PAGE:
As we approached Interlaken Ost, the Brienzesee passed us by.
Once in Interlaken Ost, we made it from Track 4 to Track 2 easily. The passengers were disembarking from the Lauterbrunnen train that just arrived at Track 2. We had no trouble boarding. As we sat waiting for the train to leave, more and more Indian tourists boarded. There was a lot of loud talking on board once the train departed for Lauterbrunnen. In Lauterbrunnen, our train to Wengen was only a few steps away and free with our Swiss Rail Pass. Many from our train got on the Wengen train. Most of them were probably continuing on to Kleine Scheidegg and the Jungfraujoch. The trip to Jungfraujoch is very expensive. Two tickets to the Jungfraujoch in 2004 cost us 210CHF ($186 U.S. dollars). However, at an altitude of 11,782 feet, the place called "Top of Europe" is a once in a lifetime experience. Back in 2004, as we sat down for lunch in the restaurant, Eleanor sent me downstairs to the gift shop for a postcard. I ran down two flights of stairs and back up without thinking of the consequences. It took about 20 minutes to get my breath back due to the thin air. The outside terrace area was soon engulfed in a cloud, creating "whiteout" conditions. We eventually had to leave due to headaches caused by the high altitude.
The Jungfraujoch, April 16, 2004
However, that was 2004. The Jungfraujoch wasn't on our schedule this trip. On the train to Wengen, the crowd of Indian tourists continued speaking very loudly, then added music loud enough for everyone on the train to hear. We were thankful NOT to be going to the Jungfraujoch that day.
Once we got our bearings in Wengen, we started to walk in the direction of the lift station. It was a beautiful day for a walk in the clouds.
Our hearts sank when we read the orange sign on the door to the lift station. Due to maintenance, the lift wouldn't be open until May 28th. We were scheduled to be in Zermatt May 28 and 29. That left very few days to try again, especially if the weather didn't cooperate. We knew that our chance to walk the Grandmother's Walk pretty much evaporated with that orange sign. Maybe it was never meant to be. Or maybe we are destined to return some day. Maybe this won't be the last time we live in Switzerland.
The backup plan was to take the train back down to Lauterbrunnen, then the cable car up to Grütschalp on the other side of the valley. There, the Grandfather's Walk would take us into Mürren, a distance of 4 miles. With the wheelchair, it seemed feasible. If we got tired, we could board the train at the half-way point in Winteregg, and continue on into Mürren. This walk offers a grand panoramic view of the Eiger, Mönch and Jungfrau, and was a great consolation to sooth our disappointment of failing to walk the Grandmother's walk. We had attempted the Grandfather's Walk in 2004, but it was covered in snow. So this would be a new experience for us.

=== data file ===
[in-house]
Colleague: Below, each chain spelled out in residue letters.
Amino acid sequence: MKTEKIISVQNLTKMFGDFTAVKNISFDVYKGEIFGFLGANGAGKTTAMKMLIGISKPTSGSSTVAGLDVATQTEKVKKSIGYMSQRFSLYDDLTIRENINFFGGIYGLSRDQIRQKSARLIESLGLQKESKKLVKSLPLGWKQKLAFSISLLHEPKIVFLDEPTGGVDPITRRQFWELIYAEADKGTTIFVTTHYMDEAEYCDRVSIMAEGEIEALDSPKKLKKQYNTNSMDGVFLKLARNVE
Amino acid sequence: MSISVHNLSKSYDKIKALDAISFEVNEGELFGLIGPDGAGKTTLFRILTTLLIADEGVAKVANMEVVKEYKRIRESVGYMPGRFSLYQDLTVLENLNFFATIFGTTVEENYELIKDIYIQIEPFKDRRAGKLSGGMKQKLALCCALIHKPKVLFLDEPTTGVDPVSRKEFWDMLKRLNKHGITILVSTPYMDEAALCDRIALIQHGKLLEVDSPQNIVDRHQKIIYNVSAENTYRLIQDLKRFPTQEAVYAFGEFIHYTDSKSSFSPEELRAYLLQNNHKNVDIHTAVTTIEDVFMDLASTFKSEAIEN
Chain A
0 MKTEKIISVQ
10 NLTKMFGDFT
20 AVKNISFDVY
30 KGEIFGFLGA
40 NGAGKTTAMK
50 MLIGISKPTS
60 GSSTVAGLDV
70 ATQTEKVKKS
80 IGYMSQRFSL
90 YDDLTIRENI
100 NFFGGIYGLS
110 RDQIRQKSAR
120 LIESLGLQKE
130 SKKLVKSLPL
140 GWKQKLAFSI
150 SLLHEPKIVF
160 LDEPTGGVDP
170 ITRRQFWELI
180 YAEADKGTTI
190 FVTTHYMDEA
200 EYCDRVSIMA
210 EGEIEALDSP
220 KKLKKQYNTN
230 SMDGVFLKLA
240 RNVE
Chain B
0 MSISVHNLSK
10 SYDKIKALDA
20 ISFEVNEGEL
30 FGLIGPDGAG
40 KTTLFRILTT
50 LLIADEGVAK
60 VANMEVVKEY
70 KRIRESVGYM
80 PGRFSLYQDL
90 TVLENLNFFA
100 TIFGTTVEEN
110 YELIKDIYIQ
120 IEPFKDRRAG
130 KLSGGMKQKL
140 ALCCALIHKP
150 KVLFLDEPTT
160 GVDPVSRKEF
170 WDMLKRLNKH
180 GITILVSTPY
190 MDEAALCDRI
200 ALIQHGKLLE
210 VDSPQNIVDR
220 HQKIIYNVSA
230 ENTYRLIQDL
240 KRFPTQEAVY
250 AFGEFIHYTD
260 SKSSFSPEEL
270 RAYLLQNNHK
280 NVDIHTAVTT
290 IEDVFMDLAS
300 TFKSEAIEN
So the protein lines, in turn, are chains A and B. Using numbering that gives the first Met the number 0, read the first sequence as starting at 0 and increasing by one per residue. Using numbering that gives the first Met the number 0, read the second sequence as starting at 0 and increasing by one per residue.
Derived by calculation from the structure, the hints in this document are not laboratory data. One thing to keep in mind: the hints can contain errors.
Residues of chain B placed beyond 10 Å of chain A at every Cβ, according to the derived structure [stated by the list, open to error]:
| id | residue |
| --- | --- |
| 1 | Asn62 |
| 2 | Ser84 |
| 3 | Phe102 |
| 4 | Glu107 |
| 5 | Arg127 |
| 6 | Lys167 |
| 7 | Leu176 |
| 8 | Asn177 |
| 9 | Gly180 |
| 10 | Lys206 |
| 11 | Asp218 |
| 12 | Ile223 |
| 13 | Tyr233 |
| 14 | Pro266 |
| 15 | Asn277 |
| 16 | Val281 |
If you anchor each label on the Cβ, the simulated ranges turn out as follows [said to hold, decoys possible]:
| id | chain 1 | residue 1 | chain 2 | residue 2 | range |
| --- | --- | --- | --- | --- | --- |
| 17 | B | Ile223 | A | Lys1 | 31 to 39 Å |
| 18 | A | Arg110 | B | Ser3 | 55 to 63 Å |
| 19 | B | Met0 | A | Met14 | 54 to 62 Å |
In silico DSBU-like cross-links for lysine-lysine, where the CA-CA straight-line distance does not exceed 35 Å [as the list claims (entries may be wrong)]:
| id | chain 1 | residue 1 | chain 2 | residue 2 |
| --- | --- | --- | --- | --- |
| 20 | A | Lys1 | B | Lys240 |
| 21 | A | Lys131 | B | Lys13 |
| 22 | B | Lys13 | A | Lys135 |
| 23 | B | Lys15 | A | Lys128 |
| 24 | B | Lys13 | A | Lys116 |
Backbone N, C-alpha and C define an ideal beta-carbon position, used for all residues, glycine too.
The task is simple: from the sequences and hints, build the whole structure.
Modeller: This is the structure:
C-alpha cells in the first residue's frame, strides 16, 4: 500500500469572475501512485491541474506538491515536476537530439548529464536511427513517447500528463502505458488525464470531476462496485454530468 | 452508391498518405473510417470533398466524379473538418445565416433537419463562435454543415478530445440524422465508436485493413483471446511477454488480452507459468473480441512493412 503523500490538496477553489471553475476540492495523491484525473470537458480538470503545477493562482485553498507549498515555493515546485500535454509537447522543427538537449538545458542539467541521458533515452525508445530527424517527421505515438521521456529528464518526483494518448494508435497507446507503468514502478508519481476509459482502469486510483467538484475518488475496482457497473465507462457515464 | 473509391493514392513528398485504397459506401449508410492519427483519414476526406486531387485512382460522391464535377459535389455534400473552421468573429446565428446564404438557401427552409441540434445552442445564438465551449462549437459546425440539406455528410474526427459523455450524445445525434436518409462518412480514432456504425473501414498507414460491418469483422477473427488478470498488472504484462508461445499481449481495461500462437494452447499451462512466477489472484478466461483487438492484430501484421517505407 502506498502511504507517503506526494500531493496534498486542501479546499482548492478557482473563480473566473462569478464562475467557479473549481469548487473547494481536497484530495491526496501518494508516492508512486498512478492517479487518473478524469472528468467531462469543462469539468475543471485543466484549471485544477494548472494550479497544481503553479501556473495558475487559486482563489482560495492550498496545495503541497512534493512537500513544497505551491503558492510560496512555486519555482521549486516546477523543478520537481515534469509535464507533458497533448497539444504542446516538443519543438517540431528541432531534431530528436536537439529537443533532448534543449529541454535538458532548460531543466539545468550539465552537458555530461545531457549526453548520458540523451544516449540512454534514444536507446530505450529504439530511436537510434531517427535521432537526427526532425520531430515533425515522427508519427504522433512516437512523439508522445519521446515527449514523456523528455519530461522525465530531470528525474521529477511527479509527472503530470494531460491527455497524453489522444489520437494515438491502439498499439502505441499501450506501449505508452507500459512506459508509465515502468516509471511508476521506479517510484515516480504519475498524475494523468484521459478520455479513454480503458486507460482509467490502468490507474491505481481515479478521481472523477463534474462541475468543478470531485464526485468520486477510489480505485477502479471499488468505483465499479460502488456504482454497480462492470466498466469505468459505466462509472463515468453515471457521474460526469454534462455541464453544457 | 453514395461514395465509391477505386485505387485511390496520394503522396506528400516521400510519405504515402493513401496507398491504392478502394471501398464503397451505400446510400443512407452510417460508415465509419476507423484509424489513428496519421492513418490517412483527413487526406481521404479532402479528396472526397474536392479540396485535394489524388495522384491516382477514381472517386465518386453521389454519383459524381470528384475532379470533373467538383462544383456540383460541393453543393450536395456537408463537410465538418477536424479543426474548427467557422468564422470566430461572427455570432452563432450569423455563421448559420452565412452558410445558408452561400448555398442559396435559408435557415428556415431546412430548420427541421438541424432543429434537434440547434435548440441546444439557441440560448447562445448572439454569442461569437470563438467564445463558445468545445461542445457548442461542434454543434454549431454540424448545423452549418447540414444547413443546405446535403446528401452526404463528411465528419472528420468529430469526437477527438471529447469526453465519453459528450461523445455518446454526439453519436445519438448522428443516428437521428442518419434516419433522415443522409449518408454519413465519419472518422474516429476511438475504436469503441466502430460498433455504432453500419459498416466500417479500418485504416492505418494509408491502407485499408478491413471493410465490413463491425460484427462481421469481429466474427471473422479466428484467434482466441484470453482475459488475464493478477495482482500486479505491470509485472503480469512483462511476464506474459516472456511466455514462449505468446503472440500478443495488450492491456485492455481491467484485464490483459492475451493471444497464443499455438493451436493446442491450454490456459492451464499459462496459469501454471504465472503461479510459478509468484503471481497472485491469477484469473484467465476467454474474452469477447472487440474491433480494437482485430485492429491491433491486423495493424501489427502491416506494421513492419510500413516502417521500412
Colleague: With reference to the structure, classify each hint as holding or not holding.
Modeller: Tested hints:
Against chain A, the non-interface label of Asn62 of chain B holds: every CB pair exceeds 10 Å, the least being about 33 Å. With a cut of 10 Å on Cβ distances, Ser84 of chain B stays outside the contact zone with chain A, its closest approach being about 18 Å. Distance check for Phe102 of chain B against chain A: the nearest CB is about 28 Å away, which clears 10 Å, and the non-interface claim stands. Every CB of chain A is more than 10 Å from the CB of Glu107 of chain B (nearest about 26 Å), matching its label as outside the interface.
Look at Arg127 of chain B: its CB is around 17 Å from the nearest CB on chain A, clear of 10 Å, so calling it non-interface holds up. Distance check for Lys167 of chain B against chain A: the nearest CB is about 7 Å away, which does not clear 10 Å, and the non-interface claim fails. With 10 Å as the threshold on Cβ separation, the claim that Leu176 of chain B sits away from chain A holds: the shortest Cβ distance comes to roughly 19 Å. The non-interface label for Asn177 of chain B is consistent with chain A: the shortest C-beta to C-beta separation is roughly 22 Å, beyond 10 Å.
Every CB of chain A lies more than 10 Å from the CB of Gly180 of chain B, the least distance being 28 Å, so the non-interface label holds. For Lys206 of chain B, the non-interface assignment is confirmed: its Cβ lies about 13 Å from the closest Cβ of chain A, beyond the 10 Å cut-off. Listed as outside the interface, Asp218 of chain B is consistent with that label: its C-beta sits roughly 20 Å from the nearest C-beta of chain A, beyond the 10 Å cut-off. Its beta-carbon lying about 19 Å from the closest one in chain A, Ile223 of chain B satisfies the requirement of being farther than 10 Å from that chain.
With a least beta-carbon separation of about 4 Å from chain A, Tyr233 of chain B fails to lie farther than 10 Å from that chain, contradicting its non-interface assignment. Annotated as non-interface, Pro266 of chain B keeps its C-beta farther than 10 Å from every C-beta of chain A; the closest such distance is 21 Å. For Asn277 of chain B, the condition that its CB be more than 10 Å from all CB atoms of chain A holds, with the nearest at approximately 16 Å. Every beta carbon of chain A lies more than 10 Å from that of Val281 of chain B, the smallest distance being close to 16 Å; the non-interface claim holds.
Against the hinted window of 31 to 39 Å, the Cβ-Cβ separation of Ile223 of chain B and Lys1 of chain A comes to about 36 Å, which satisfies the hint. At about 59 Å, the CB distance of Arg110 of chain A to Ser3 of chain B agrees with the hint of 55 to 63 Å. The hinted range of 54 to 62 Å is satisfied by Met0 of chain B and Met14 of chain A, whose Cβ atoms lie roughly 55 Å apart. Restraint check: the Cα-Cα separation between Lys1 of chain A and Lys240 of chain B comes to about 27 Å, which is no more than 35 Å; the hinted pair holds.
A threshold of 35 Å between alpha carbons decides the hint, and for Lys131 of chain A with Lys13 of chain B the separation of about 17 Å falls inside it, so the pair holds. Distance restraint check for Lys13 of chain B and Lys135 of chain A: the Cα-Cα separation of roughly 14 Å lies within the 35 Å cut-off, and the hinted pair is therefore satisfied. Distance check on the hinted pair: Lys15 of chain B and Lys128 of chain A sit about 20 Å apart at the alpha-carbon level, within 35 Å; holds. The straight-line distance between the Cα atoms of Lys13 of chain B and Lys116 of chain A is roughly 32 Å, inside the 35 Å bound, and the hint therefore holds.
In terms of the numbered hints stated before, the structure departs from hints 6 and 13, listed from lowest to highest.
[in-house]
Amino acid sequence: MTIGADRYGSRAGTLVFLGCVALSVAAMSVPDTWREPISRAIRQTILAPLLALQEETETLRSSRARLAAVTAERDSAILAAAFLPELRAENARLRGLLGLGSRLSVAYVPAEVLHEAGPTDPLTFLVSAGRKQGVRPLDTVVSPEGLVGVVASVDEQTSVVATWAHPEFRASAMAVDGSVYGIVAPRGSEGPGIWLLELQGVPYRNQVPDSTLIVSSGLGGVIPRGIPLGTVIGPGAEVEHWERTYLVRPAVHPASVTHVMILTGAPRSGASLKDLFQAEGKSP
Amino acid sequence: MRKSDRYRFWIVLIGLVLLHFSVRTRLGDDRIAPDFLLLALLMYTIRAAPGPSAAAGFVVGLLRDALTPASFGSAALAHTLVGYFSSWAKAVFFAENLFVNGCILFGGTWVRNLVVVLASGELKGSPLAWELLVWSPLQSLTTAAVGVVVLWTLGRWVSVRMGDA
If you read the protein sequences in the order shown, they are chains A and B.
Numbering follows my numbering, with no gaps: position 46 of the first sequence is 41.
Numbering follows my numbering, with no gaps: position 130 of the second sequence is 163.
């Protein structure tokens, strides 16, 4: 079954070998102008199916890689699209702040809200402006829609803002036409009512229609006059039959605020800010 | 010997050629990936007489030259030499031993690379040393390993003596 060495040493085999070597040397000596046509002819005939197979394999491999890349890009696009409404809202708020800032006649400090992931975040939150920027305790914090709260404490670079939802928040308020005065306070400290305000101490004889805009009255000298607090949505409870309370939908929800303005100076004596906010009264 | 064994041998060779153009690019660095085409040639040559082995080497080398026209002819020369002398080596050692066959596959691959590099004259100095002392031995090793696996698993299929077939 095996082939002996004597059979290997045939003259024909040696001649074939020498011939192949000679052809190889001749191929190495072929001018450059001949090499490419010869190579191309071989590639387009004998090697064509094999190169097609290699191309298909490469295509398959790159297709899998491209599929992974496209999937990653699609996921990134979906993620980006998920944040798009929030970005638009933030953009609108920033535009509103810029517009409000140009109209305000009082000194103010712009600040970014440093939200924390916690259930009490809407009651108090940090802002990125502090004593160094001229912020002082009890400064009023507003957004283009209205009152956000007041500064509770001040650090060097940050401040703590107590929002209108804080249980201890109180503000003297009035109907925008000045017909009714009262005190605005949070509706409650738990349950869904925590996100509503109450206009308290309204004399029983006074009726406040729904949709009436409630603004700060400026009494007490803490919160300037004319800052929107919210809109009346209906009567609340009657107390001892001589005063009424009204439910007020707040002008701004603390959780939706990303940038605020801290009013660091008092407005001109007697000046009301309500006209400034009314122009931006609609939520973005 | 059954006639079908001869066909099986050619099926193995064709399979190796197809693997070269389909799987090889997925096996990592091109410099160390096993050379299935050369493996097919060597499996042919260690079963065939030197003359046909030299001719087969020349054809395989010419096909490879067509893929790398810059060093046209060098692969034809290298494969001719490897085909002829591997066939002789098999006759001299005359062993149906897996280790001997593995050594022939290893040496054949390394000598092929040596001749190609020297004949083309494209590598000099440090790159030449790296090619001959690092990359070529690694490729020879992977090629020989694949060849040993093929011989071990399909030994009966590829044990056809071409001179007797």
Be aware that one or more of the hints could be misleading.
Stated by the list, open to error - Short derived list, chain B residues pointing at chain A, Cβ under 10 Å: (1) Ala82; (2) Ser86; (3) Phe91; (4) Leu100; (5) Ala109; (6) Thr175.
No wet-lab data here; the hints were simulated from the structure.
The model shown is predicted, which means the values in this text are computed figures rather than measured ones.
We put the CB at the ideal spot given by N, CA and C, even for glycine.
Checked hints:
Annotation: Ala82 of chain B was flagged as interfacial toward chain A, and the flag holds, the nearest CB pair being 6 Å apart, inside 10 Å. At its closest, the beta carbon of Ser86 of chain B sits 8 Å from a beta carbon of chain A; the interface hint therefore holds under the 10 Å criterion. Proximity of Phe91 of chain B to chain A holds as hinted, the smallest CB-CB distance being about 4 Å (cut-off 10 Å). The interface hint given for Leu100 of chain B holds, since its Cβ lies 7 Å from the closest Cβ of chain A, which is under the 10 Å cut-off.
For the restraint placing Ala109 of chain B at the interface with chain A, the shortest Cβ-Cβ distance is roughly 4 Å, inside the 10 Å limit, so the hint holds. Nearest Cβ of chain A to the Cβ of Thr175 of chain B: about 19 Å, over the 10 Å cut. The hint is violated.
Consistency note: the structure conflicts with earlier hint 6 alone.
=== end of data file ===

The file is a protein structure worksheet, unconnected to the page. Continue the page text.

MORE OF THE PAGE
At 10:09am, on the way back to the Wengen train station, we stopped at a bakery and purchased 5 pastries (the last 3 apfelstrudels and the last 2 mandelgipfeln), which cost a total of 11.50CHF ($12.88 U.S. dollars). I drooled at the sight of Schwarzwälder (Black Forest cake). But whipped cream would not survive the rest of the day without refrigeration, another disappointment.
I have nothing against Indian or Chinese tourists. But they travel in such large groups that manners and courtesy fall by the wayside, and the mindset changes to "every man for himself." When the train to Lauterbrunnen arrived, disembarking passengers had to weave their way around on-boarding Chinese tourists who didn't use good manners to wait until the exiting passengers were all off. Their goal was to rush on and grab a seat before anyone else.
The train to Lauterbrunnen departed at 10:33am. We hadn't eaten anything since our meager quick breakfast 4 hours previous. So when we arrived in Lauterbrunnen at 10:51am, our minds and stomachs had turned to dreams of lunch. The decision was to walk into Lauterbrunnen and have lunch at Hotel Oberland. We had lunch there in 2004, and enjoyed it immensely. The restaurant didn't open until 11:30am. When we arrived at 11:10am, the waitress said that we could sit at a table outside until they opened. So Eleanor sat at a table and read her Kindle, while I took a walk down the road for some possible photos of a nearby waterfall.